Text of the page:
|EPISTULARUM - II.2||EPISTLES - II.2|
|Horace (Q. Horatius Flaccus)||tr. Niall Rudd|
Flore, bono claroque fidelis amice Neroni,
siquis forte velit puerum tibi vendere natum
Tibure vel Gabiis et tecum sic agat, 'hic et
candidus et talos a vertice pulcher ad imos
fiet eritque tuus nummorum milibus octo,
verna ministeriis ad nutus aptus erilis,
litterulis Graecis imbutus, idoneus arti
cuilibet, argilla quidvis imitaberis uda;
quin etiam canet indoctum sed dulce bibenti.
Multa fidem promissa levant ubi plenius aequo
laudat venalis qui volt extrudere merces.
Res urguet me nulla; meo sum pauper in aere.
Nemo hoc mangonum faceret tibi: non temere a me
quivis ferret idem. Semel hic cessavit et, ut fit,
in scalis latuit metuens pendentis habenae:
des nummos, excepta nihil te si fuga laedit.'
ille ferat pretium poenae securus, opinor.
Prudens emisti vitiosum; dicta tibi est lex:
insequeris tamen hunc et lite moraris iniqua.
Dixi me pigrum proficiscenti tibi, dixi
talibus officiis prope mancum, ne mea saevus
iurgares ad te quod epistula nulla rediret.
Quid tum profeci, mecum facientia iura
si tamen attemptas? Quereris super hoc etiam, quod
exspectata tibi non mittam carmina mendax.
An apology for not writing lyric poetry|
To Florus: loyal friend of the good and gallant Nero.
Suppose somebody wanted to sell you a slave who was born
at Tibur or Gabii, and said to you: 'Here's an attractive lad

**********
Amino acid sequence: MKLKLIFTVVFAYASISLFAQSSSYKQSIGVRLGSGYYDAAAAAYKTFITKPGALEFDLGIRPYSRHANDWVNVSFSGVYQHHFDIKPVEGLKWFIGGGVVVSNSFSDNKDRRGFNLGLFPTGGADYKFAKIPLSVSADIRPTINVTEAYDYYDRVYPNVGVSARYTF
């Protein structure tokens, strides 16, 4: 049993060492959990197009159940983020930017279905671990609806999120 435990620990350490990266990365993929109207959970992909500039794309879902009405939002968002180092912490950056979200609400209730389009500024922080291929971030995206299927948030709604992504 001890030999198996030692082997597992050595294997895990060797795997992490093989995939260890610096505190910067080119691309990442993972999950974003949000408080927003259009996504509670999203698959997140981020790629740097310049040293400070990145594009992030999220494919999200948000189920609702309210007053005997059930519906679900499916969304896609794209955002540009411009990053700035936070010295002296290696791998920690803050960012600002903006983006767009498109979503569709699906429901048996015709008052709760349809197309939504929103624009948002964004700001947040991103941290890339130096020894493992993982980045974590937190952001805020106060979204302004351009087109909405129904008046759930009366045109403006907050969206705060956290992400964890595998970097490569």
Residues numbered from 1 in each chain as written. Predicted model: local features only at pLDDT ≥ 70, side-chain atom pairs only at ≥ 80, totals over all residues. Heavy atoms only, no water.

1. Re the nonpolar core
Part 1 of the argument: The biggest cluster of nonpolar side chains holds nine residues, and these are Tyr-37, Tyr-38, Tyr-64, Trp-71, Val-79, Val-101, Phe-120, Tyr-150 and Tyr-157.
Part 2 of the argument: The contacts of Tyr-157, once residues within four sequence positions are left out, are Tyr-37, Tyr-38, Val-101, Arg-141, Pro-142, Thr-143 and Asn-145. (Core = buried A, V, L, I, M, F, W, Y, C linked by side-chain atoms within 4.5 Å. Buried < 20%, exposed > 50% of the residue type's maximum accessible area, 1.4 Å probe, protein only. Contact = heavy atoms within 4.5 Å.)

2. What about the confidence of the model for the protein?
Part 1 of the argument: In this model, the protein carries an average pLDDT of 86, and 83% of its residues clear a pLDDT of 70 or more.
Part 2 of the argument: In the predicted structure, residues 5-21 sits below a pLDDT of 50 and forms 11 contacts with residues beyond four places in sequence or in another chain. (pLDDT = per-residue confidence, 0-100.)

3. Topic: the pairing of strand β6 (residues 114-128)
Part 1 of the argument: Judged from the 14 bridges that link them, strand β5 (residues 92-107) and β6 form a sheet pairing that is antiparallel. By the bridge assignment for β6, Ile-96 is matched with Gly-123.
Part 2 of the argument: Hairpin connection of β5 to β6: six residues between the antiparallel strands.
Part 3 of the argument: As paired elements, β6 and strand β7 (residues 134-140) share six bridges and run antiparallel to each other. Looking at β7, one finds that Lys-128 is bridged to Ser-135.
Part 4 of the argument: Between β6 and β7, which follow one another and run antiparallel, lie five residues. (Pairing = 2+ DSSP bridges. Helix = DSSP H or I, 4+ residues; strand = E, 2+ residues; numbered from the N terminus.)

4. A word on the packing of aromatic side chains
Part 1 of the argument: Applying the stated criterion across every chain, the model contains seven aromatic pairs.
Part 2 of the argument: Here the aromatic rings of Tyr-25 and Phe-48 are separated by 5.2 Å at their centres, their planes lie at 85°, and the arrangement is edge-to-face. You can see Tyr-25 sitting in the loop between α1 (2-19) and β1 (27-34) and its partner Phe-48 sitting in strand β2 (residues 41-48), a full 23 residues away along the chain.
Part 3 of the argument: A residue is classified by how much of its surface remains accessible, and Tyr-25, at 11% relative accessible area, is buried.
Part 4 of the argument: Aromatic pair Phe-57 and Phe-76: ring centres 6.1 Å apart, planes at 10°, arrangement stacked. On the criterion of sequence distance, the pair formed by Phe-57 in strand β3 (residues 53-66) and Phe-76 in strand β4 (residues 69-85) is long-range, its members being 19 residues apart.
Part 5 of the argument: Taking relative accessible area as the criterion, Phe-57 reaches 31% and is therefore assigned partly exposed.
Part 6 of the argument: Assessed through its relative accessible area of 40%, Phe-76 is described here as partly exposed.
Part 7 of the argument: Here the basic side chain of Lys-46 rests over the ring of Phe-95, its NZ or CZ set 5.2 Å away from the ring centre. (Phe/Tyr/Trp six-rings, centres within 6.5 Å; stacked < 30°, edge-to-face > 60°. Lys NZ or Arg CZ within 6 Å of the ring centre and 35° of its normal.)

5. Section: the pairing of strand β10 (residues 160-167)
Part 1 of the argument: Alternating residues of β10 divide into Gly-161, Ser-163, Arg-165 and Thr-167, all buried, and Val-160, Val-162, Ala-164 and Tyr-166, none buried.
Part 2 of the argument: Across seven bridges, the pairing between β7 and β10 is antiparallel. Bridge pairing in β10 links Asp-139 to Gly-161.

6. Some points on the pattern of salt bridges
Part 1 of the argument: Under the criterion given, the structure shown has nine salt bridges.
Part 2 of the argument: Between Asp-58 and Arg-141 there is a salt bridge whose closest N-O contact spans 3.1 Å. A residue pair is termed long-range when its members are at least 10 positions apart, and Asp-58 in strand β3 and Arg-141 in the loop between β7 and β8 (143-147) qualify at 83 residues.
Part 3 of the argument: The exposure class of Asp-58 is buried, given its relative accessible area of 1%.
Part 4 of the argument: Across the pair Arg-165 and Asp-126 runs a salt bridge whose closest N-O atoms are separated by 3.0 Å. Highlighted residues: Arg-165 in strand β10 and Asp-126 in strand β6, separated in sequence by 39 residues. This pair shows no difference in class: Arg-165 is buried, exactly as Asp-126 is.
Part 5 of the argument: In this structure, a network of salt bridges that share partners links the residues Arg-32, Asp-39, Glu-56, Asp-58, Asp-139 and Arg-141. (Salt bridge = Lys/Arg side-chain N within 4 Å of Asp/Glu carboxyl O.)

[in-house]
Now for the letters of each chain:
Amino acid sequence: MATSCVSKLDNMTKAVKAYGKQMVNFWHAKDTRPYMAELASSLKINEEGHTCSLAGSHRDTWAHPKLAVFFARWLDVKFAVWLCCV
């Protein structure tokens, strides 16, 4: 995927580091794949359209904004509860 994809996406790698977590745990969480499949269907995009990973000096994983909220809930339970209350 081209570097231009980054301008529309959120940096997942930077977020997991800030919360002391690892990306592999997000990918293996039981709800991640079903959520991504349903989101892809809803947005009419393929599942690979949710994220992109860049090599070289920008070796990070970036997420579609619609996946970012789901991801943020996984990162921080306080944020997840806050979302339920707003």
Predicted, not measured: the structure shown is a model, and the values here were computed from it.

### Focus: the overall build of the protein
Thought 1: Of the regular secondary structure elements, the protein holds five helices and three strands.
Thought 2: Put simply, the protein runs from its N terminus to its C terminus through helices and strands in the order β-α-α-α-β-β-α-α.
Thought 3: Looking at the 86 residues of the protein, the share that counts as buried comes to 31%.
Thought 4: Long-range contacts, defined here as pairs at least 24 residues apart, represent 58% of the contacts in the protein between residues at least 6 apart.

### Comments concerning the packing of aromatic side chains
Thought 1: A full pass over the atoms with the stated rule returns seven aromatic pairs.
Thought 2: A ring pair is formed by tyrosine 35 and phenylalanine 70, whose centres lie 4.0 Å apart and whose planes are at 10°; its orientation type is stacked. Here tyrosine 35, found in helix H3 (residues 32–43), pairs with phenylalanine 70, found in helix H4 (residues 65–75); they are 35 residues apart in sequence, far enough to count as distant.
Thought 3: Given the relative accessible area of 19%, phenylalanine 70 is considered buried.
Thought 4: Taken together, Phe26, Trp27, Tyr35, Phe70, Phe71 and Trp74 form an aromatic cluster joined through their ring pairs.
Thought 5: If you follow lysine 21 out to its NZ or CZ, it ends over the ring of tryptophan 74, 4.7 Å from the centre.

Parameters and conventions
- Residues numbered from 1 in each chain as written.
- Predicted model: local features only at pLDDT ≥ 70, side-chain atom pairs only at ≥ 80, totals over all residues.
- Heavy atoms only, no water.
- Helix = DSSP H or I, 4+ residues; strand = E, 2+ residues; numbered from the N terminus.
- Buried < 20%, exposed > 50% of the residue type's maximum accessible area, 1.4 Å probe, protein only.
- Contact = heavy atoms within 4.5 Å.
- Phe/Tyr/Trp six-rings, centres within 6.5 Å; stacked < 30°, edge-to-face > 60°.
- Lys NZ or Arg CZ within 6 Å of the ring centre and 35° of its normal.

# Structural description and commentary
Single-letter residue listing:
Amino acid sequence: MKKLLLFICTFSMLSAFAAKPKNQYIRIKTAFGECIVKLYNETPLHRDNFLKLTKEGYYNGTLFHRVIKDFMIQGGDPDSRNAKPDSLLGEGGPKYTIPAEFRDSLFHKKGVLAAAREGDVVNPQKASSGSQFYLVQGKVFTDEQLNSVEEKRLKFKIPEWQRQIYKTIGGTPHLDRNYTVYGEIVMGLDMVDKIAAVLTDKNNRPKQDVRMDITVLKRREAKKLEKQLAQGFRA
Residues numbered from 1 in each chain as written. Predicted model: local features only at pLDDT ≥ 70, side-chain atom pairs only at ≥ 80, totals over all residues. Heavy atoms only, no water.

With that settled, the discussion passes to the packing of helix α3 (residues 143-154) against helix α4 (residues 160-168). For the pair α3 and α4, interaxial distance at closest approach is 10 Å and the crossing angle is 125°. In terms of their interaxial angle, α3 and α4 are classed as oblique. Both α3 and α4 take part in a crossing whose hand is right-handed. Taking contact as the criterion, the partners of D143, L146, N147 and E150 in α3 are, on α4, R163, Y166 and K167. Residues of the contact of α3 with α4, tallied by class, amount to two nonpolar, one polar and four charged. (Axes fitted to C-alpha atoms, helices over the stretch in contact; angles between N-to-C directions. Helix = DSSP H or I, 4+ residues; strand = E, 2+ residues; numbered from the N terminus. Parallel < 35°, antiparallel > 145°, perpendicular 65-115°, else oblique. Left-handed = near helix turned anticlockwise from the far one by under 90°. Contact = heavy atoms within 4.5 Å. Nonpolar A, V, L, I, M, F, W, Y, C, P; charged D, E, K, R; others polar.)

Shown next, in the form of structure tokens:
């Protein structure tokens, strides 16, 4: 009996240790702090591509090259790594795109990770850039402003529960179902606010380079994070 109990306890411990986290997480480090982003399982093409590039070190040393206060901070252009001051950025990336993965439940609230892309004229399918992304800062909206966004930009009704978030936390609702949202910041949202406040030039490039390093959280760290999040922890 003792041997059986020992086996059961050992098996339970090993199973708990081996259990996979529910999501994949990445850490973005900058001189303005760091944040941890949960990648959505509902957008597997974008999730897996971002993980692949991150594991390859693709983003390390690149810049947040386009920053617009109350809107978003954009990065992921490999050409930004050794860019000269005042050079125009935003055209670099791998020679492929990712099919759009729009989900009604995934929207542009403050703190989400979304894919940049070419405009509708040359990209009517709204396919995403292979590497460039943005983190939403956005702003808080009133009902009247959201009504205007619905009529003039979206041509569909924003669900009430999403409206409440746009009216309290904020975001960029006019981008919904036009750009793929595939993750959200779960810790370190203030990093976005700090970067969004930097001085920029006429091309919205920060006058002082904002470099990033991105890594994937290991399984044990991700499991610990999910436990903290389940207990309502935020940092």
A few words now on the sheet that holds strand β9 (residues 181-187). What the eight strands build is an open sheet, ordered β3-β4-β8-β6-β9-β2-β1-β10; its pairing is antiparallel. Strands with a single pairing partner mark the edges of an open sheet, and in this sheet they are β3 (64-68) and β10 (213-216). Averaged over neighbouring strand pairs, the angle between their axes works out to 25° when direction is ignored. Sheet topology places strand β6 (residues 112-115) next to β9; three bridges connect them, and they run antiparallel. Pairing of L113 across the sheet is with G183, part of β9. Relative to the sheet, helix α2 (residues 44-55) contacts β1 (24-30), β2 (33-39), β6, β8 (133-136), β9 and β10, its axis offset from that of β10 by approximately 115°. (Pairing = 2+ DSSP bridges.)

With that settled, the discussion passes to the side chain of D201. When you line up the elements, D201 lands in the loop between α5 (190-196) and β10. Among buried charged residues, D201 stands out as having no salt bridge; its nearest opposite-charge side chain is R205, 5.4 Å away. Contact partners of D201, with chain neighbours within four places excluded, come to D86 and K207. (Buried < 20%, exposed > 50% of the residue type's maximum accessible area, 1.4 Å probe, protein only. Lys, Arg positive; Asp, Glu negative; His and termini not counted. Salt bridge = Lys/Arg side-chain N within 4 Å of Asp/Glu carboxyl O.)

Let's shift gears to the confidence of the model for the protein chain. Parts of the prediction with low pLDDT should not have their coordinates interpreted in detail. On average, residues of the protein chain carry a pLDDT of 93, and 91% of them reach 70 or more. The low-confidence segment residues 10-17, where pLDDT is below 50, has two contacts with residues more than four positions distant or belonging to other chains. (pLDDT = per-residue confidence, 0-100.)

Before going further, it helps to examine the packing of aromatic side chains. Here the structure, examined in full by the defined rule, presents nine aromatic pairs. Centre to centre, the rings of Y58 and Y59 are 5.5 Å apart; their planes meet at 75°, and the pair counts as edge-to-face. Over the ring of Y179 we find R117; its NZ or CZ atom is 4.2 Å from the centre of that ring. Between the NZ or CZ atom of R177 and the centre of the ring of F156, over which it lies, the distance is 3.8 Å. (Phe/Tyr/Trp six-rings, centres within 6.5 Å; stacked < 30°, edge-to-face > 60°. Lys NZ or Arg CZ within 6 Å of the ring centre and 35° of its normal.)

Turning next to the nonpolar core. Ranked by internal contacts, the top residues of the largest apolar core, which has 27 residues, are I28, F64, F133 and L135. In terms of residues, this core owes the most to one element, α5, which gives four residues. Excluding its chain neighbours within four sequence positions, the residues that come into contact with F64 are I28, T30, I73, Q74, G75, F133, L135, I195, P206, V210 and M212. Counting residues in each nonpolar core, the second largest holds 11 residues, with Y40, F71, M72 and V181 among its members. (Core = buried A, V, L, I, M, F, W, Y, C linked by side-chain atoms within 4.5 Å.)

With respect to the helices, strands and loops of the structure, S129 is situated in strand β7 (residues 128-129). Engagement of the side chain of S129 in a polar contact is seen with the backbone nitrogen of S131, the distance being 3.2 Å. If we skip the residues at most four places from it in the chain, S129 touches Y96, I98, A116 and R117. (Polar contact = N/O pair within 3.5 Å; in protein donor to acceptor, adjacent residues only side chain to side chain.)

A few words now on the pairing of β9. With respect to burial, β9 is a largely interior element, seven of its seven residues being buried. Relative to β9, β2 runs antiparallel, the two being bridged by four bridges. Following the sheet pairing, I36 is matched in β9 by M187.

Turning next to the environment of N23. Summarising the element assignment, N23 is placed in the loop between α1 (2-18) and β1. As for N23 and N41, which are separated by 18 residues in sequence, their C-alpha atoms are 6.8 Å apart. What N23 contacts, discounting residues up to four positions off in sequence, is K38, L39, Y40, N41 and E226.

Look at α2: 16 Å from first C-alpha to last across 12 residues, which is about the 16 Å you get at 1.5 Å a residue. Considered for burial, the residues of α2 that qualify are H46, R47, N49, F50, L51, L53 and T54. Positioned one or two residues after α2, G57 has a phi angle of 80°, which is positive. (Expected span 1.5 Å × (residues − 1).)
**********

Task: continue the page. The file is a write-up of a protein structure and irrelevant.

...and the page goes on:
with a fair skin, beautifully built from head to toe.
Eight thousand and he's yours, signed, sealed and delivered.
He's home bred, quick to obey his master's orders;
he has had a touch of basic Greek, and will turn his hand to
any skill that's required; wet day can be moulded;
he'll even sing you a simple song to go with your wine.
Too many claims reduce credibility. Only a salesman
who wants to get rid of his goods will praise them above their worth.
I'm not obliged to sell; I'm poor, but not in the red.
None of the dealers would make you this offer. I'll do it for you, sir -
but no one else. Once he dodged his work and, as usual,
hid under the stairs in fear of the strap on the wall.
So let's shake - if you're not put off by the lapse I mentioned.'
The man, I fancy, would be in the clear. The goods were faulty,
but you bought them with your eyes open; the terms were stated.
Will you still sue him and waste his time with false allegations?
I told you when you were leaving that I was lazy; I told you
I was almost physically incapable of such a commitment (I dreaded
your angry recriminations if your letters went unanswered).
I might have saved my breath: for altlhough the law's on my side
you still contest the case. On top of that you complain
I have let you down by failing to send the lyrics I promised.
Transl. Copyright © Niall Rudd, 1973, 1979, 1997 - publ. Penguin Classics